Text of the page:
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Museum Receives History Bonanza

September 2, 2005
By JEFFREY B. COHEN, Courant Staff Writer

Since he was a teenager, Gennaro J. Capobianco collected newspaper clippings, old photographs, record books of mutual aide and social societies, and other bits of information to document the history of Hartford's Italian American community.

Last week, about four decades after he began his efforts, Capobianco died, leaving boxes full of history to the Connecticut Historical Society Museum.

t things about Jerry Capobianco is that he doggedly went out into the community to find out who had this stuff," said David M. Kahn, executive director of the museum.

"Giving them to us was his way of keeping them together and keeping them preserved."

The Capobianco collection includes about 50 cubic feet of information: records from the Young Italian American Association; the constitution and bylaws of the St. Valentine's Social Club; century-old photographs of bocce and card games in Wallingford; and historic photographs of Hartford's now demolished Front Street and its Italian merchants.

There's also the wedding formalwear of Ferdinand DeSopa, an early 20th century community leader, Kahn said.

Capobianco began working with the museum in 1997 to figure out how to best safeguard his life's collection. The plan was to have the museum acquire the collection and then work with Capobianco to understand its contents, but Capobianco died before the task could be completed.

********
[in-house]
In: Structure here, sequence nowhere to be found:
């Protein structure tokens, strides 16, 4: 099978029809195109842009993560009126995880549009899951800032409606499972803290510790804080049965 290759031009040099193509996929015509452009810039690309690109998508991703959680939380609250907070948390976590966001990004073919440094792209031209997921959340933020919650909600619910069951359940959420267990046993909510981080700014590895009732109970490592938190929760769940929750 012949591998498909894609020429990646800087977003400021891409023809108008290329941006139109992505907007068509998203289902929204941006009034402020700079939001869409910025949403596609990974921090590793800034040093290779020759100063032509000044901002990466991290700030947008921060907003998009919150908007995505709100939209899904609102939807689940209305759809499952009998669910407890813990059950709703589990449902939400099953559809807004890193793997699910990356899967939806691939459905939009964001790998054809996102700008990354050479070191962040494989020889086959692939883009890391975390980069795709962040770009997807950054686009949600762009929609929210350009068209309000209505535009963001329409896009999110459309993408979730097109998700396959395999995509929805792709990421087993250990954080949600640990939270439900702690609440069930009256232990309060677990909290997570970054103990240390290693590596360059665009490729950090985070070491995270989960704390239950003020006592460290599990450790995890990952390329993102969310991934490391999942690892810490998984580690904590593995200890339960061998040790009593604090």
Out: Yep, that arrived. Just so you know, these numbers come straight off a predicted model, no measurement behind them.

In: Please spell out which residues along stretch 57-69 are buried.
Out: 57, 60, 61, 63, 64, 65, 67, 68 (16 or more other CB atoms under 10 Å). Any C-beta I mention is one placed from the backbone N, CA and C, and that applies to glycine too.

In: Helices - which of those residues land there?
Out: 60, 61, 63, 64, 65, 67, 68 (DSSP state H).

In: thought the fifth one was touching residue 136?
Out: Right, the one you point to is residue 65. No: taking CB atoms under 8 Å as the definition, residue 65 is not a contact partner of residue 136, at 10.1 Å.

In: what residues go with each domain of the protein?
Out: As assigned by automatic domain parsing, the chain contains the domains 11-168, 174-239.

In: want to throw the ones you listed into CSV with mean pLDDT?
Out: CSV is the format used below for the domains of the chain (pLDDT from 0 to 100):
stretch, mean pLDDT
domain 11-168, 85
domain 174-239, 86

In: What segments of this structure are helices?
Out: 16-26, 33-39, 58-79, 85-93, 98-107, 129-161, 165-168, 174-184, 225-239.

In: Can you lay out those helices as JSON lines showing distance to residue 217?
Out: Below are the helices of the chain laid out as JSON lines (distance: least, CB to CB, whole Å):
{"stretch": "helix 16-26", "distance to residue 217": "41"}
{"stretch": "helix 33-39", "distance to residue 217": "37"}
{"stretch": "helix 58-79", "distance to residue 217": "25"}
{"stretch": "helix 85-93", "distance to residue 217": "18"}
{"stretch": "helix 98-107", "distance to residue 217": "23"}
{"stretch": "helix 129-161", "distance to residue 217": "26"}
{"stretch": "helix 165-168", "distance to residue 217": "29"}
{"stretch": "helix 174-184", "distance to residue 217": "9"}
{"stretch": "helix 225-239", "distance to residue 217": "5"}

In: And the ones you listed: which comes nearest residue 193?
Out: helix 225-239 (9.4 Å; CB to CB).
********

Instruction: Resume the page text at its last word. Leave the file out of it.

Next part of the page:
"This is just the very beginning," Kahn said. "Most of this stuff would have ended up in the trash can were it not for his interest in history. It's really a history of the community ... and it overshadows anything we've had in terms of Italian Americans in Hartford."

The museum plans to begin the long process of cataloging the collection in an effort to understand its history and make it available to researchers nationwide.

A book highlighting the collection may result as well, Kahn said.

Capobianco, an undertaker and owner of the Greater Hartford Funeral Service, died Aug. 25 at St. Mary's Nursing Home.

In 1967, he co-founded the Italian-American Historical Society of Greater Hartford and, not long afterward, was named managing editor of the bilingual Connecticut Italian Bulletin, which stopped publishing in 1980.

Reprinted with permission of the Hartford Courant. To view other stories on this topic, search the Hartford Courant Archives at http://www.courant.com/archives.
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